In the case of the managers, the clash between global discourse and the local possibilities generated, led to a wide proliferation of gendered meanings and subjectivities such that labour control strategies changed, as managers had to develop new strategies to address unimagined subjects. Such that the consequences for their capital accumulation of plants had to either be relocated down to the South seeking that paradise lost of docile and productive subjects, or otherwise seek a feminised version of men to hire, assessed within the feminine productive trope.
More Illusion than reality
To conclude, the feminine productive trope formulated a discursive formation of the docile and productive ‘cheap’ woman worker in the transnational productive nexus, which was both a cause and a consequence for production of a variety of subjectivities both for managerial fantasies and for the lived experience and practice, the interpellation, of the women workers within the manufacturing working sites. It was argued that while the trope constituted itself as the hegemonic encompassing discursive formulation, which both constructed and produced subjects, these diverged and fragmented in locale and performative contexts as workers redefined and reconstituted the discourse into several and variegated gendered meanings, and even at times resisted the governmentality of such productive power by establishing strikes and collective action against fascist managers for political freedom.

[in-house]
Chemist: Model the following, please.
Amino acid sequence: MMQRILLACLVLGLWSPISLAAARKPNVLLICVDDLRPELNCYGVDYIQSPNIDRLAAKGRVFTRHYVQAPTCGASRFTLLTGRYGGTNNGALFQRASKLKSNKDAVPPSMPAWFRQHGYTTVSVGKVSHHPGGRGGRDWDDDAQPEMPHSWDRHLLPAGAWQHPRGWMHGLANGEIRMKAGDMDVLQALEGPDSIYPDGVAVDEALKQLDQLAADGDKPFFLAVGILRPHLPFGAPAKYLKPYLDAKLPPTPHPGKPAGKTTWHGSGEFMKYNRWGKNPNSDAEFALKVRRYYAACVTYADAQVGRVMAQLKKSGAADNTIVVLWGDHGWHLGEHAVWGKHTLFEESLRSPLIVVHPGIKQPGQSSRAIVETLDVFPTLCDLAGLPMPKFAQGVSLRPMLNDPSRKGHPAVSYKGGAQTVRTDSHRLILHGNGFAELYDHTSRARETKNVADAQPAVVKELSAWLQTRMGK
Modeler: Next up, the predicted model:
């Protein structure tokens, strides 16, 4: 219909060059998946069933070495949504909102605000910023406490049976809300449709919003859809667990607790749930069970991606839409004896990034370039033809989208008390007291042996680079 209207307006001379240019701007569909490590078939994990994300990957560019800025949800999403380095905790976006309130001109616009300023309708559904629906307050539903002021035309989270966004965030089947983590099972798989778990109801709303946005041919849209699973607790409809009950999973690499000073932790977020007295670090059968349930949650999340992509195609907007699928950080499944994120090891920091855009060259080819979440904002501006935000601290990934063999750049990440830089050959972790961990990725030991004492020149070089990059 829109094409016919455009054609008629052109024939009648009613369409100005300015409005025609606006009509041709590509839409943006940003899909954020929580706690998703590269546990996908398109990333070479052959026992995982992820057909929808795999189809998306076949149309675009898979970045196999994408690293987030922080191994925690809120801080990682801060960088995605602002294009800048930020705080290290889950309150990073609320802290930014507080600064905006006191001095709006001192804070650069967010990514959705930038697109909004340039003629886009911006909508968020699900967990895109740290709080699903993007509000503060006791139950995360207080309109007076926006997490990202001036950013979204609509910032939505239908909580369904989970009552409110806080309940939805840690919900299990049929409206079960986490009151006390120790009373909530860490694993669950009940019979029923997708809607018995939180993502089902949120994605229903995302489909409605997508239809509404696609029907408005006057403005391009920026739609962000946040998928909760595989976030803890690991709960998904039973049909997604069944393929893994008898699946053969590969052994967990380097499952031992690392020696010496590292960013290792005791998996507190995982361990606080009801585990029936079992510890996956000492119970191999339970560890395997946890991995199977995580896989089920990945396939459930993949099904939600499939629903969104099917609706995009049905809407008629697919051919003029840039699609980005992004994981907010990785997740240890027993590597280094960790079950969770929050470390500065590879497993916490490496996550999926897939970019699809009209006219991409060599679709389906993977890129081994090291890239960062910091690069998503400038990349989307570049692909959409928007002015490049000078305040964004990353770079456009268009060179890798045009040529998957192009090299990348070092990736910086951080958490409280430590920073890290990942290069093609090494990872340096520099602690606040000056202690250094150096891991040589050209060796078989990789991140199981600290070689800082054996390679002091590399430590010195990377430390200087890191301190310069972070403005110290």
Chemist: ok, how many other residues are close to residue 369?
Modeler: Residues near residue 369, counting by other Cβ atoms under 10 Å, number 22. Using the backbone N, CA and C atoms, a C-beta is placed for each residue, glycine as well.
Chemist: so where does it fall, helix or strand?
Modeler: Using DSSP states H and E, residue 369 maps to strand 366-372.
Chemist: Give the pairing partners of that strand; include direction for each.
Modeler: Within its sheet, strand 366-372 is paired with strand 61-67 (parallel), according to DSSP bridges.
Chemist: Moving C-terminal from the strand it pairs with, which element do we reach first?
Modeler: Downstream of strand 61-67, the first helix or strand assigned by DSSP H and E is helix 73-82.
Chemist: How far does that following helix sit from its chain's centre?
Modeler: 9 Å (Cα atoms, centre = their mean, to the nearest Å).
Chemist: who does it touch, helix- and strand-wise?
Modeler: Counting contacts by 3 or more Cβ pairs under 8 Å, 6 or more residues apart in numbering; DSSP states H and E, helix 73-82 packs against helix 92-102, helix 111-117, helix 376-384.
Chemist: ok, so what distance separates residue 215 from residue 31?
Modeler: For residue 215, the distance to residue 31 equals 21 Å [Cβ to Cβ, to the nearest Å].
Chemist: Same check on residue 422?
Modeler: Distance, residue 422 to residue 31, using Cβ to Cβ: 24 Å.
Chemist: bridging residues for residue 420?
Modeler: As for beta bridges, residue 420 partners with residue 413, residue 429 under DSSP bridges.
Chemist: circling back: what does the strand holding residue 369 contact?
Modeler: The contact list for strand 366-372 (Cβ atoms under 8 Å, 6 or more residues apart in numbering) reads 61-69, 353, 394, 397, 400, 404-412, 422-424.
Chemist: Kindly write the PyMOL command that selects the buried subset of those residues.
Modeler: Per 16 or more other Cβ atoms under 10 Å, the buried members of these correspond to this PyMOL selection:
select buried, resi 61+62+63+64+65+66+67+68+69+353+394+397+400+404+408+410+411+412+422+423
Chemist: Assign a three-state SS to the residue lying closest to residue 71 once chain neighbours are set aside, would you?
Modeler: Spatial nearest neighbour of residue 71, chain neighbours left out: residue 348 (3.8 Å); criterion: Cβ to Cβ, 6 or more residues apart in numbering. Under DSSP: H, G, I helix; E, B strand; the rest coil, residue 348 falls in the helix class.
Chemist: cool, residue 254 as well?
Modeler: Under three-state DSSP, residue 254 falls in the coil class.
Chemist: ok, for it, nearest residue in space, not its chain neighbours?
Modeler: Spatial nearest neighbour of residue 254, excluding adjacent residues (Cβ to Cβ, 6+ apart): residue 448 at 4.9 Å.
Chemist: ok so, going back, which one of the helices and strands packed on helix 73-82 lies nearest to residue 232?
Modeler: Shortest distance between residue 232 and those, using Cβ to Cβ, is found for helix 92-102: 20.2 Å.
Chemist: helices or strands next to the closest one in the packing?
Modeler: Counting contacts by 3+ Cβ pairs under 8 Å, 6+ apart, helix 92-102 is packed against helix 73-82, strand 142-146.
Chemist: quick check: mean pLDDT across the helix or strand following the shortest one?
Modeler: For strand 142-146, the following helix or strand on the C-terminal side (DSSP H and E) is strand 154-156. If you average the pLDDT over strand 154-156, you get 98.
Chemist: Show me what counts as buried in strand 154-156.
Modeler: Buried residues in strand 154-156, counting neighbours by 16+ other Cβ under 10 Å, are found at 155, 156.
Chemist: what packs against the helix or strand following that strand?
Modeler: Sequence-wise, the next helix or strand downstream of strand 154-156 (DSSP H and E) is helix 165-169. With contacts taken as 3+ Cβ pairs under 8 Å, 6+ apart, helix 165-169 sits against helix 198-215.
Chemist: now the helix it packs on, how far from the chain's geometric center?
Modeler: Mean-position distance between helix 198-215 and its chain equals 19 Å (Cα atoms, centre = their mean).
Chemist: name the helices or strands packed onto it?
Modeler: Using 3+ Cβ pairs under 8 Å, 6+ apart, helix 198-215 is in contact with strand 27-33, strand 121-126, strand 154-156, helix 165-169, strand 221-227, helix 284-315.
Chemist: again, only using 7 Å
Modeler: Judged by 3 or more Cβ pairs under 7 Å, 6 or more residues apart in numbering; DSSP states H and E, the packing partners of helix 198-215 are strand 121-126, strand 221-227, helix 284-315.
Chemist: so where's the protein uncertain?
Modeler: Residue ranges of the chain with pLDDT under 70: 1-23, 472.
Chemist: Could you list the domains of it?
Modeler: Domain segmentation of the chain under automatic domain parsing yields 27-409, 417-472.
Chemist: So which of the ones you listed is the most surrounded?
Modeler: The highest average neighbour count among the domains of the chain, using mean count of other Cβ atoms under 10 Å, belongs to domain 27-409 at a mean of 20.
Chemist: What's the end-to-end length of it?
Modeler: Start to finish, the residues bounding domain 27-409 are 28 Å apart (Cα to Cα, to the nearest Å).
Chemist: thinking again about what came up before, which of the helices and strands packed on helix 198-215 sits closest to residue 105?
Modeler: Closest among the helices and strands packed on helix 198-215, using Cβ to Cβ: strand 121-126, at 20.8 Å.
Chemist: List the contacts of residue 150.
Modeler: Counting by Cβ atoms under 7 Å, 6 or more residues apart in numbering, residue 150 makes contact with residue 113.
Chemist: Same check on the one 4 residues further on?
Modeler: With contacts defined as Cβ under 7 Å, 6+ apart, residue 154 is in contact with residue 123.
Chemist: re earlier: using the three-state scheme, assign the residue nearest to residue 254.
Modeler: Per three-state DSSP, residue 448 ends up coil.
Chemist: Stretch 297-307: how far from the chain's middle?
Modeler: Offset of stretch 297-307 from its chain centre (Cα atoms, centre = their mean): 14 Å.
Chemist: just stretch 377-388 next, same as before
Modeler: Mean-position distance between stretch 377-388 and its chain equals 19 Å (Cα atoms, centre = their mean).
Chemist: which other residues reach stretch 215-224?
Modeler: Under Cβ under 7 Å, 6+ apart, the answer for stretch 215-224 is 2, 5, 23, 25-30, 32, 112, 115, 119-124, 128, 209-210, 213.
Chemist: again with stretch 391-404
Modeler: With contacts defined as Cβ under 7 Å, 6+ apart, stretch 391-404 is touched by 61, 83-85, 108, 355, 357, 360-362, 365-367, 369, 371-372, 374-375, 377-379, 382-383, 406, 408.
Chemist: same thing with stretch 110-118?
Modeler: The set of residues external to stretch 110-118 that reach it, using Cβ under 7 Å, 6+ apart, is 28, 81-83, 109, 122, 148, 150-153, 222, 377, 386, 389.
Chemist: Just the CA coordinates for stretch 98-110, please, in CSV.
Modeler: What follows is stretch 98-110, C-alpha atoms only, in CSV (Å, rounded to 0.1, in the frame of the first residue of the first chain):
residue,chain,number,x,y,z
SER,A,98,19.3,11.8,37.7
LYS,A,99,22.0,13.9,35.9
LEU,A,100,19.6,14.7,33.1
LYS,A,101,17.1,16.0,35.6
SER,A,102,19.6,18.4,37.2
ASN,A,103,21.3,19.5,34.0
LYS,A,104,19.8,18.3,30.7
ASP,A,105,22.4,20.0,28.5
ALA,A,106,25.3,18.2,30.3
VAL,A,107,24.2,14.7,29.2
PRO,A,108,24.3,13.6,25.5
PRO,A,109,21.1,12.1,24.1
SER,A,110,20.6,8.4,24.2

In the first part of the paper the systemic relationship between gender and capitalism was explained such that the new gender order remained functional towards the globalisation of capital establishing the dominance of the feminine productive trope as the centrepiece with the coming of neoliberal restructuring in the 1980s. The trope constructed a dangerous false fantasy for managerial-corporate Transnational entities seeking a docile and productive ‘cheap’ women that did not exist, or if it did, constituted itself in the factory and was not “always-already” pre-constituted, given its innate biological category as a ‘woman’. Rather the trope and the surveillance apparatus was redefined and resisted by workers within the plant putting them into question as was sought out in the empirical case studies in the Elton Company in China by Ngai Pun through the instrumentalisation of the network support along gender, class and ethnic lines creating sisterhood and an affective relationship for collective action against a fascist managerial system.